Britons do not want to go back into work because they fear the lockdown is being eased too quickly – and they enjoy being at home, a poll revealed last night.
The survey was a setback for Boris Johnson, illustrating the uphill task he faces to bring the nation’s moribund economy back to life quickly.
It showed that on average people have more money in their pockets than when the lockdown started – with public-sector workers gaining the most.
The survey will ring alarm bells in Downing St where there were already fears that many people were reluctant to go back to work to rescue the economy – a view reinforced by crowded beaches and parks in last week’s sunny weather
Millions of voters are putting their feet up at home – and an astonishing four in ten have put on weight, particularly worrying following clear evidence of a link between obesity and coronavirus.
The Daily Mail survey by JL Partners highlights the heroic status gained by doctors, nurses and other NHS staff on the front line, with almost 100 per cent approval.
But there is a big difference between the effect of the lockdown on people with jobs in the private sector compared with the 5.5million in the public sector.
A total of 38 per cent who work in the private sector, where tens of thousands of have lost their jobs or had wages cut, are worse off, according to the poll. Just 29 per cent are better off.
The survey was a setback for Boris Johnson, illustrating the uphill task he faces to bring the nation’s moribund economy back to life quickly. It showed that on average people have more money in their pockets than when the lockdown started – with public-sector workers gaining the most
By contrast, 46 per cent of public sector workers are better off, 30 per cent say it has made no difference and only 23 per cent, fewer than one in four, are worse off.
It means a total of 76 per cent – more than three quarters – of those in the public sector are either no worse off or are better off.
Overall, the public say they are better off by 4 per cent. The survey will ring alarm bells in Downing St where there were already fears that many people were reluctant to go back to work to rescue the economy – a view reinforced by crowded beaches and parks in last week’s sunny weather.
People are well aware how badly the economy has been hit. Four in ten say it will take at least three years to recover.
But the survey also confirms they enjoy being off work – marriages have improved, and there is more support for re-opening pubs and restaurants than getting children back in classrooms from June.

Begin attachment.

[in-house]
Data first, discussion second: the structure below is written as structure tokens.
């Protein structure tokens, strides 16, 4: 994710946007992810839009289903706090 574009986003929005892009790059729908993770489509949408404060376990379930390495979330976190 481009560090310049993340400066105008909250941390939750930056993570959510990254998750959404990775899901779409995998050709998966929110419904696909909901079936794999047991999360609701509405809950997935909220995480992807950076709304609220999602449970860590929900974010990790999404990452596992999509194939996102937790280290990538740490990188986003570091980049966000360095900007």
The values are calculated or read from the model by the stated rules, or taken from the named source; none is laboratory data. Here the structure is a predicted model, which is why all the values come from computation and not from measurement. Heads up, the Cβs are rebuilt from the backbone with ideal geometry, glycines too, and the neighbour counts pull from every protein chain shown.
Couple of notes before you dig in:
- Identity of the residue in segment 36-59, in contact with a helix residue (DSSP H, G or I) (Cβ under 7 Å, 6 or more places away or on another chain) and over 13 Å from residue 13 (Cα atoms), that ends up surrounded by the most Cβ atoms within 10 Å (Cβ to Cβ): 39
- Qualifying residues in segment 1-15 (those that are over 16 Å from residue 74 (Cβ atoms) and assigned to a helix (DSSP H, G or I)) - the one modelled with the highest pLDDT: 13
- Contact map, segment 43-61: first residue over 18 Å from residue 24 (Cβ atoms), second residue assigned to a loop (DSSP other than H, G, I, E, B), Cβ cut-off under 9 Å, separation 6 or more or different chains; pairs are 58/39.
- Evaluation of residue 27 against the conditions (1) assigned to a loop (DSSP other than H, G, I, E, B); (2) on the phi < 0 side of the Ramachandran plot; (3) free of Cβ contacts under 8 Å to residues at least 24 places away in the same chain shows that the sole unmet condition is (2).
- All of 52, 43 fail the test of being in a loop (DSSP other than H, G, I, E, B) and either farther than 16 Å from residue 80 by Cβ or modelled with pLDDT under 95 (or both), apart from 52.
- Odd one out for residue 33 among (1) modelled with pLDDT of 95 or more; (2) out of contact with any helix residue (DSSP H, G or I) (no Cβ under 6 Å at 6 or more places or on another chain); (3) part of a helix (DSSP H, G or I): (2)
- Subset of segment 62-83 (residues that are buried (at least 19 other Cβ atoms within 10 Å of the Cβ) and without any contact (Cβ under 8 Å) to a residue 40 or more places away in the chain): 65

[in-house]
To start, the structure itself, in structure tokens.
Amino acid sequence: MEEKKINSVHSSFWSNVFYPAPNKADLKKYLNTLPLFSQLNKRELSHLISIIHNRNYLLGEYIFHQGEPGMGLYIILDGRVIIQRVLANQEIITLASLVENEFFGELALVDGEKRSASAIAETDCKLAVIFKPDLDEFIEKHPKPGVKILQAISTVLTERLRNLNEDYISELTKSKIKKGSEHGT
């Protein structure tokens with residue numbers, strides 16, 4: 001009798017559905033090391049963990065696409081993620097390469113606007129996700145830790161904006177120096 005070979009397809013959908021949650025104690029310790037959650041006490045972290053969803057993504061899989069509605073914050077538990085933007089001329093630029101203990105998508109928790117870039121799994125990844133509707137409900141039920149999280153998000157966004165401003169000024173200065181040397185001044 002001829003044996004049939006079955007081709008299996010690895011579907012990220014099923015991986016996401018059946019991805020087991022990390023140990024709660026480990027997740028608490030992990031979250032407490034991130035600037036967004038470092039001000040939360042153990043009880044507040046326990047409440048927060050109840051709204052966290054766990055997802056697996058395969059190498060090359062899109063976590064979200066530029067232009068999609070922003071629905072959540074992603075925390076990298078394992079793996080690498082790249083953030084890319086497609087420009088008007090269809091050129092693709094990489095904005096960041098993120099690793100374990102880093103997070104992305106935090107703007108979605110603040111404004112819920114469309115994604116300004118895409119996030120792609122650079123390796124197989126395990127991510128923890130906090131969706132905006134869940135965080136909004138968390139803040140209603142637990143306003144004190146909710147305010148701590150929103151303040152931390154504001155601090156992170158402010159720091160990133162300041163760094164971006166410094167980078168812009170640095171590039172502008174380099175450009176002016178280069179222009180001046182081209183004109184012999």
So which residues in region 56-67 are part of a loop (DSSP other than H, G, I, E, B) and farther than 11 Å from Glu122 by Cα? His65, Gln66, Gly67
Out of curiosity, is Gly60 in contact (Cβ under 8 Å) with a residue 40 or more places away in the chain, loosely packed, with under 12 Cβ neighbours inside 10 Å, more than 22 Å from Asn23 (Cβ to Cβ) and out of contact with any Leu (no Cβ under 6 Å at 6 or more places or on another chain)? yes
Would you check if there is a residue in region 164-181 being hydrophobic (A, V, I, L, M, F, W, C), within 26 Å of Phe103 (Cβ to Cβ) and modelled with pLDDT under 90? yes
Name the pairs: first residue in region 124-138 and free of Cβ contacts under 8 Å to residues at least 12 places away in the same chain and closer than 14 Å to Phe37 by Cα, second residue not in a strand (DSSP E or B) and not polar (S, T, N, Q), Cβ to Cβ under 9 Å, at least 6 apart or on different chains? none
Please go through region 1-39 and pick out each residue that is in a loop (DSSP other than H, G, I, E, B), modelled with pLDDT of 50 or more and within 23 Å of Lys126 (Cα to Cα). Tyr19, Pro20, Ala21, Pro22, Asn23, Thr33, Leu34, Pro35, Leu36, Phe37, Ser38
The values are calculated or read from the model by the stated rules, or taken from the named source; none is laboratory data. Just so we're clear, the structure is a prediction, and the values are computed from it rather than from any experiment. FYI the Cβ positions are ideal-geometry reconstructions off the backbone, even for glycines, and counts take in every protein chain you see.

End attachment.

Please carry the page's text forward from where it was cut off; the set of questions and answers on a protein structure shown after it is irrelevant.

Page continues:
Millions of voters are putting their feet up at home – and an astonishing four in ten have put on weight, particularly worrying following clear evidence of a link between obesity and coronavirus [File photo]
The poll will also fuel concerns among Tory MPs that Chancellor Rishi Sunak’s multi-billion-pound pandemic rescue package – including paying furloughs of up to 80 per cent to laid-off workers until October – may be too generous.
It has made Mr Sunak, dubbed ‘Mr Magic Money Tree’ by critics, by far the most popular politician in Britain. He even gets an unprecedented 13 per cent rating from Labour voters, a big proportion of whom work in the public sector.
Other key poll findings include:
- Aside from seeing family and friends after lockdown, people are most looking forward to having a haircut;
- Only one in four primary school parents plan to send their children back to school in June;
- Men are more relaxed than women about easing lockdown – and more keen to reopen shops;
- Only four in ten have not broken at least one lockdown rule;
- Voters say the biggest scandal is the mass deaths in care homes;
- Boris Johnson is winning his ‘coronavirus war’ with Labour leader Sir Keir Starmer.
In addition to public sector workers, pensioners have become better off during lockdown.
Commuters are pictured above at Canning town Station on Thursday morning. Few Britons believe the economy will bounce back quickly. Only 6 per cent say it will revive in twelve months – 41 per cent say it will take at least three years
2m rule may be relaxed
The two-metre rule could be reduced in the near future, officials revealed yesterday.
Public Health England said the advice to stand 6ft 6in from others was under frequent review.
The rule is among the strictest in the world, with most countries insisting on 1.5m or less.
Managers of pubs and restaurants say two metres makes many businesses unviable. Professor Yvonne Doyle, of PHE, said: ‘We are aware of the international differences and I am sure this will be the subject of continued investigation as to whether that can be reduced further.’
From June 1, anyone informed they might be a virus carrier will have to isolate for 14 days under the ‘test and trace’ scheme.
A total of 35 per cent of OAPs say they have more money, 53 per cent say it has made no difference, and only 12 per cent are worse off.
Forty-three per cent of all voters say they have enjoyed being at home more, with just 25 per cent not enjoying it.
A total of 53 per cent overall say the lockdown is already being eased too fast, while 11 per cent insist it is too slow.
However, Tory voters are keener to get back to normal – 45 per cent of Conservatives say the pace of easing the lockdown is ‘about right’, a further 10 per cent say it is ‘too slow’.
Few Britons believe the economy will bounce back quickly. Only 6 per cent say it will revive in twelve months – 41 per cent say it will take at least three years.
Education Secretary Gavin Williamson still has his work cut out to persuade parents that schools should start to re-open in June.
Only 26 per cent of primary school parents say they will send their children school in early June – 60 per cent say they will refuse.